Yamaha ( introduced three new in-line four-cylinder outboards, rated at 115, 150, and 200 horsepower. All focus on reducing weight and size while maximizing power output through the use of double overhead camshafts activating four valves per cylinder, variable valve timing, and specially tuned intake runners to increase low- and mid-range performance. The 150 and 200 have internal counter-rotating balance shafts for smoother operation. Each engine has a different displacement—2.8 liters for the 200, 2.7 liters for the 150, and 1.7 liters for the 155—but what Yamaha is emphasizing is that they all share a relatively compact size and exceptional weight-to-horsepower ratio. For instance, the long-shaft 200 weighs just 487 pounds for a ratio of 2.4 pounds per horsepower. All three engines are able to accommodate fuel containing up to 10 percent ethanol.

Lehr 9.9-horsepower Propane Outboard

Lehr 9.9-horsepower Propane Outboard

Looking for a way to reduce your carbon footprint? How about a propane outboard for your tender? According to Capt. Bernardo Jorge Herzer, CEO and founder of Lehr (, “Propane is the absolute best alternative fuel solution we’ve found so far.” Well, everyone knows propane burns cleaner than gasoline, but is a propane outboard really practical? The new 9.9-horsepower model, introduced this year, could win over a lot of skeptics. No conversion, it was designed and built to be powered by propane, a fuel that the company claims, works out to about the same cost per mile as gasoline. What’s different and better is the elimination of traditional gasoline-related headaches like winterizing, ethanol, hard cold starting (no choke), and no worries about fuel spills. It’s also the first outboard available with electric start that does not require an external battery (there’s one tucked beneath the cowling). All three Lehr propane models purportedly perform the same as comparable gasoline engines, and the 2.5- and 5-horsepower Lehrs can operate either off a small screw-on canister or a standalone 20- or 30-pound propane tank. The 9.9-horsepower model requires a separate tank, and a 20-pound container of propane will reportedly power it for five hours at full throttle or 14 hours at normal cruising speed. The engine carries a list price of about $3,200 with manual start, short shaft, and tiller. Electric start, remote steering, and a long shaft are all available options.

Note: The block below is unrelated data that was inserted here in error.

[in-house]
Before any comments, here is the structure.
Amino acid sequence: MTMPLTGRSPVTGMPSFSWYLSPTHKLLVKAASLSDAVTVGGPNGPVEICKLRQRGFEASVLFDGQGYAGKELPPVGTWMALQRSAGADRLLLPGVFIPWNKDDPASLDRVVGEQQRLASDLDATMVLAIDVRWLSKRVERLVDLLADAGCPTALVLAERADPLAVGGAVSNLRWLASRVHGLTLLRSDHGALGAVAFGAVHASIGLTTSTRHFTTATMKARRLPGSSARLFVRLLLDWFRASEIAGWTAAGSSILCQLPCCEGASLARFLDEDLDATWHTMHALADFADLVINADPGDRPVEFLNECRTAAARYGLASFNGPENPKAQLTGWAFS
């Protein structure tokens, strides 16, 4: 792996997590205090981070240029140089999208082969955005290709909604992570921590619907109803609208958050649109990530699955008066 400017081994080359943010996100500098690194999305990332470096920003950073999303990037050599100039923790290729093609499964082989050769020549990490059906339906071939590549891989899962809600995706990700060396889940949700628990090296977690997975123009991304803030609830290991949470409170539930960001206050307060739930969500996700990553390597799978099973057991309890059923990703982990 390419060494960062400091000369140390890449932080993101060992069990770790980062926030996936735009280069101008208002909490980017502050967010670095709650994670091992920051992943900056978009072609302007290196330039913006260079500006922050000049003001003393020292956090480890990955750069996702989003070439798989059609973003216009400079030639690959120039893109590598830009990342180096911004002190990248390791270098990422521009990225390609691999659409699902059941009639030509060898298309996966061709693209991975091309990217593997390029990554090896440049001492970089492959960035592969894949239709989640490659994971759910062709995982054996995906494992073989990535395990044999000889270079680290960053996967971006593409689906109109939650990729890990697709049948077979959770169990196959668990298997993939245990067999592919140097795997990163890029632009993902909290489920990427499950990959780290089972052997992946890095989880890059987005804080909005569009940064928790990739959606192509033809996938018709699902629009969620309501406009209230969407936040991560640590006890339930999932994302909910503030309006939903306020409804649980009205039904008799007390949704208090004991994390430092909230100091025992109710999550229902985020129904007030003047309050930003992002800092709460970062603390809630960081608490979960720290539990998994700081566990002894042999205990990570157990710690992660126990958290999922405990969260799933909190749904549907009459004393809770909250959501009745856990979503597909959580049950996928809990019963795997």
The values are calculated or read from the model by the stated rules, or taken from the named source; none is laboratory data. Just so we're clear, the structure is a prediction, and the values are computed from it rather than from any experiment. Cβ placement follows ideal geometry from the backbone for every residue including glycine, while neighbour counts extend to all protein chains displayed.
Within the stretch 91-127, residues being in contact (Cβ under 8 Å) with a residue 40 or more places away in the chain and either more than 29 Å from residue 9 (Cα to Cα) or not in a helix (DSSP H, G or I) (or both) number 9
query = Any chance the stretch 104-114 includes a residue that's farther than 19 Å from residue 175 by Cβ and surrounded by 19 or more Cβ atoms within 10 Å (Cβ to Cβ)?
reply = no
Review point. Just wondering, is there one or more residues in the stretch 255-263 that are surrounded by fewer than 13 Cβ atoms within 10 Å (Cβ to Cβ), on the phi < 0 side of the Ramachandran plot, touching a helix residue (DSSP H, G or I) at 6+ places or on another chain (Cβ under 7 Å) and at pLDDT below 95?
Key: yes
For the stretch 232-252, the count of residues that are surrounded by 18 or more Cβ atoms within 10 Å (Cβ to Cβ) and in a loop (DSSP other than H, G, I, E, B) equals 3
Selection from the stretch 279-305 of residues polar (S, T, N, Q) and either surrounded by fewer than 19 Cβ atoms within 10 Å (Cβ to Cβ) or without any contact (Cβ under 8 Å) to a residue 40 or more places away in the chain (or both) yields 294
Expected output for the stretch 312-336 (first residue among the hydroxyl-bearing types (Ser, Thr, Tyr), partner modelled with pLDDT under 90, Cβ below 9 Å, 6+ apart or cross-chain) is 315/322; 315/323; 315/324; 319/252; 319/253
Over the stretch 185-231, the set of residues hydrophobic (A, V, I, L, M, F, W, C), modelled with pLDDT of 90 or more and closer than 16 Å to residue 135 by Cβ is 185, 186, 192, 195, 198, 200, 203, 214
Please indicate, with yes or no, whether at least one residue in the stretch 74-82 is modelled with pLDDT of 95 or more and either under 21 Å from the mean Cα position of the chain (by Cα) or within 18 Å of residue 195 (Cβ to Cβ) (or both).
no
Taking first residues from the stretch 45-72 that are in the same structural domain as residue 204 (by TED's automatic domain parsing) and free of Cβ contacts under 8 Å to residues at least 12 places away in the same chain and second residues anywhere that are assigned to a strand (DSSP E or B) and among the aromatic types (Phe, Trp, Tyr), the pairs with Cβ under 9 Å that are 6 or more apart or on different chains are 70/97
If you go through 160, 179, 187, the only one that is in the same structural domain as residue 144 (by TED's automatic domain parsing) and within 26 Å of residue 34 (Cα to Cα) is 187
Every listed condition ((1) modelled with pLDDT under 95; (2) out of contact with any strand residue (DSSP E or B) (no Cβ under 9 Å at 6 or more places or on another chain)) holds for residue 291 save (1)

This article originally appeared in the November 2013 issue of Power & Motoryacht magazine.